Some of you may know this poem as "Daffodils", though that's not its actual name; its real name is "I Wandered Lonely as a Cloud", and it's an extremely popular, much-anthologized poem.
I Wandered Lonely as a Cloud
by William Wordsworth
I wandered lonely as a cloud
&emsp That floats on high o'er vales and hills,
When all at once I saw a crowd,
&emsp A host, of golden daffodils;
Beside the lake, beneath the trees,
Fluttering and dancing in the breeze.
Continuous as the stars that shine
And twinkle on the Milky Way,
They stretched in never-ending line
Along the margin of a bay:
Ten thousand saw I at a glance,
Tossing their heads in sprightly dance.
The waves beside them danced; but they
Out-did the sparkling waves in glee:
A poet could not but be gay,
In such a jocund company:
I gazed— and gazed— but little thought
What wealth the show to me had brought:
For oft, when on my couch I lie
In vacant or in pensive mood,
They flash upon that inward eye
Which is the bliss of solitude;
And then my heart with pleasure fills,
And dances with the daffodils.
Form: Each stanza has 6 lines, is written in iambic tetrameter (four iambic feet per line: taDUM taDUM taDUM taDUM), and has a rhyme scheme of ABABCC; this form, essentially an open form in "sixain" (six lines to a stanza), was first developed by Shakespeare in "Venus and Adonis", and was used by Wordsworth in this poem, written in 1804.
Discussion: If you read this one aloud, it is easy to fall into a "pause-at-the-end-of-each-line" mentality, as a means of emphasizing the rhyme scheme, but this is something you SHOULD NOT DO, because you will be lulled into a false sense of complacency by the rhythm and sing-song rhyme effect you achieve, and you will not truly hear the poem.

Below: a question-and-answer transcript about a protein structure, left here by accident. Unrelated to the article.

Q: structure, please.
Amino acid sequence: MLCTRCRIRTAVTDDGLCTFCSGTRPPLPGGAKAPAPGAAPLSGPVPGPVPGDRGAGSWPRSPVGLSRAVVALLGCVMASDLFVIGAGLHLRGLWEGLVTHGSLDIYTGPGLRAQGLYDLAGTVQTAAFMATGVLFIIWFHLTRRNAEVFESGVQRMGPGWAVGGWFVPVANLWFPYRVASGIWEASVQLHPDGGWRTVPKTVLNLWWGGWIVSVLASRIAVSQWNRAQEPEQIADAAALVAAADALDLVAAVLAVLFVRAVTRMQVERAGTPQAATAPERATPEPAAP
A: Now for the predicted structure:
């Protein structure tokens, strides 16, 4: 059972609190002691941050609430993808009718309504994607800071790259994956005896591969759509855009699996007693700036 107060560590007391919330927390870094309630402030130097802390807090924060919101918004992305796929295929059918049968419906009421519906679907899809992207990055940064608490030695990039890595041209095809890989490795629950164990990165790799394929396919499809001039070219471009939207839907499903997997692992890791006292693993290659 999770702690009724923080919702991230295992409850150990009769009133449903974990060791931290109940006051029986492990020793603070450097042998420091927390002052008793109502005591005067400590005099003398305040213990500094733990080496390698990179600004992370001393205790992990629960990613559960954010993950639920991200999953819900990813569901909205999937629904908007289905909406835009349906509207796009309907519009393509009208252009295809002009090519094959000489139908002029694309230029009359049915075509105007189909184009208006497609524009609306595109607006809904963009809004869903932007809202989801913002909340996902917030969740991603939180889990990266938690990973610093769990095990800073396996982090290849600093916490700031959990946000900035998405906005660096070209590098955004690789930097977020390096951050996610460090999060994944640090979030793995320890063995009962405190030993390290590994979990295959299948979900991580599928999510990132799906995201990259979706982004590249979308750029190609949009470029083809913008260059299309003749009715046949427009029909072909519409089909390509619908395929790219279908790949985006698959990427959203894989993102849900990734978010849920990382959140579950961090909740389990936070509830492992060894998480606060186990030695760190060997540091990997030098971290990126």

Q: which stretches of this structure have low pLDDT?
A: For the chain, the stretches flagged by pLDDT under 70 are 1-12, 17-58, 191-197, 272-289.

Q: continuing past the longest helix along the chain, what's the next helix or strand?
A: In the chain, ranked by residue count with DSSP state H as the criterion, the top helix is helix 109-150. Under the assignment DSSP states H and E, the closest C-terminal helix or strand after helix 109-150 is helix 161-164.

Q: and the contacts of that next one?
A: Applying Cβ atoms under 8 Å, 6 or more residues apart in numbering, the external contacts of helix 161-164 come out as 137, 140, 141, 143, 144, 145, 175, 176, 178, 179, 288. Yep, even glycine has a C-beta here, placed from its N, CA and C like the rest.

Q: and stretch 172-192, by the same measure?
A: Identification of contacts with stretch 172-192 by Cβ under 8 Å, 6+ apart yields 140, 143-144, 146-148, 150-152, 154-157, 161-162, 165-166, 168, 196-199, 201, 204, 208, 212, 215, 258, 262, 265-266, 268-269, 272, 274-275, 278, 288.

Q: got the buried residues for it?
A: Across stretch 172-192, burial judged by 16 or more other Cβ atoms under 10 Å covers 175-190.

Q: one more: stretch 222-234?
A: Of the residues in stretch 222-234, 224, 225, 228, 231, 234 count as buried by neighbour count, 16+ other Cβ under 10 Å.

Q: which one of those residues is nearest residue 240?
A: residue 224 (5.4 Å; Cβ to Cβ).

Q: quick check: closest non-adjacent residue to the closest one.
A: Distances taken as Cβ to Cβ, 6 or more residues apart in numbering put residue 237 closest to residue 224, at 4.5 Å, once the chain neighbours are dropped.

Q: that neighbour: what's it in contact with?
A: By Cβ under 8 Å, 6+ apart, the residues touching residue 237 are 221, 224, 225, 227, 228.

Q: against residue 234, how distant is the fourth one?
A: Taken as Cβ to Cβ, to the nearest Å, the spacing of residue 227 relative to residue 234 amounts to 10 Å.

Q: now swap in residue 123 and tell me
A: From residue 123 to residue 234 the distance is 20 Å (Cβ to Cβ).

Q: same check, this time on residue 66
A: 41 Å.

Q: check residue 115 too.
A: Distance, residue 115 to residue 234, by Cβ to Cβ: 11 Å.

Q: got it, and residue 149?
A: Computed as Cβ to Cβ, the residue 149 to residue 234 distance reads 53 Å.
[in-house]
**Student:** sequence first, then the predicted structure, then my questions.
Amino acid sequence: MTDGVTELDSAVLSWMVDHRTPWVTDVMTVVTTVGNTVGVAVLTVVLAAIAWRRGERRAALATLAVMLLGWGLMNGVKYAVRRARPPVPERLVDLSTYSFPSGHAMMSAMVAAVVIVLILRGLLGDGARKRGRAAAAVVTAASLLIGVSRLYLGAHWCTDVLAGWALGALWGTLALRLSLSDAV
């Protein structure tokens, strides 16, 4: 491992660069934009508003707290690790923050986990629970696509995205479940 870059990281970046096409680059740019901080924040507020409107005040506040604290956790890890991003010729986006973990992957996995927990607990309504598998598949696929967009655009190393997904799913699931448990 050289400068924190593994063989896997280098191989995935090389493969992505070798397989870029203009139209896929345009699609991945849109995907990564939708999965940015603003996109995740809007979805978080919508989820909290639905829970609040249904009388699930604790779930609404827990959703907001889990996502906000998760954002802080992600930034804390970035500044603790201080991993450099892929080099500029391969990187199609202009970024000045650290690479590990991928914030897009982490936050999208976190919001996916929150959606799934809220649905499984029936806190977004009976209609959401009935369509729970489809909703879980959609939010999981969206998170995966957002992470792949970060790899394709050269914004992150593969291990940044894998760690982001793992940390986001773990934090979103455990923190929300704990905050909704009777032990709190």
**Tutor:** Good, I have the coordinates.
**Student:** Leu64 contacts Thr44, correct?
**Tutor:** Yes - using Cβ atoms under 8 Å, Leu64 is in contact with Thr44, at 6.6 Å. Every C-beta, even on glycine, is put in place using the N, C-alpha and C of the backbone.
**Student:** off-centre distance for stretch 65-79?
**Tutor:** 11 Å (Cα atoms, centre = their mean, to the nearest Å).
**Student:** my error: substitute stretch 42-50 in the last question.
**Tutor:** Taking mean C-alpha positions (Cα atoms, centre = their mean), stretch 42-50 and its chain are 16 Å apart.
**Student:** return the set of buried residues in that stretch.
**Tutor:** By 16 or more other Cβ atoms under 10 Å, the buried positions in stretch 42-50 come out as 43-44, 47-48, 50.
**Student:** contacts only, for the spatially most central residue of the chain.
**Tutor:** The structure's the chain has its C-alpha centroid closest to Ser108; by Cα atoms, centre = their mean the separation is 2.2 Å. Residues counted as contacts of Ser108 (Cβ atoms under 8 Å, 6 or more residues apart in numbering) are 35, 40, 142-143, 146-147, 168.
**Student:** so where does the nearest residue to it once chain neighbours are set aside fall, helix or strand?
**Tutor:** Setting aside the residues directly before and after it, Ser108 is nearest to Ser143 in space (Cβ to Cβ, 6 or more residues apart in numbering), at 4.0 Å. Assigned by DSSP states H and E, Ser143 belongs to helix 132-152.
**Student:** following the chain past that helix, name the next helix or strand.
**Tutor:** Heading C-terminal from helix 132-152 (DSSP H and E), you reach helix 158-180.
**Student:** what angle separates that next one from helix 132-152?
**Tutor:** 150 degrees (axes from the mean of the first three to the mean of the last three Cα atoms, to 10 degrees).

Here's the first stanza written out with pauses only where they naturally occur:
I wandered lonely as a cloud that floats on high o'er vales and hills,
When all at once I saw a crowd,
of golden daffodils;
Beside the lake,
beneath the trees,
Fluttering and dancing in the breeze.
If you go back and read the poem aloud, following the punctuation, you will be able to better hear what Wordsworth is saying. And while references to nature and use of metaphor are common devices in modern poetry, they are used in part because Wordsworth came along and wrote in the way that he did, with a reverence for and appreciation of nature, and with a focus on emotional response to nature and other stimuli. As a result, Wordsworth is widely credited as being one of the first poets in the Romantic era, along with his friend Coleridge, whose poems were included in the 1798 publication Lyrical Ballads, which I referenced in a now-old quoteskimming post.
Today's poem is one of the best-loved and most well-known in the English language, and that is with good reason: its imagery is lovely, its rhyme and metre make it easy to memorize, and the story it tells (of seeing something beautiful and unexpected in nature and reliving it in memory) is one that resonates with a lot of people. Wordsworth also looks at psychological aspects of memory here - he relates the actual story of his walk with his sister, Dorothy, and their happenining upon a large swath of daffodils by a lake. But the point isn't that he took a walk and saw daffodils; it's the emotional journey he took (from loneliness to happiness), and the effect of the memory of the daffodils on his present mood. At the time he wrote the poem, he was breaking new ground, although it may seem tame to some now. But I rather think that those who take the time to read the poem aloud will not think it tame, but will instead take the journey along with Wordsworth from lonely wandering to a happy view of blinding yellow daffodils to an appreciation of the joy the memory must hold.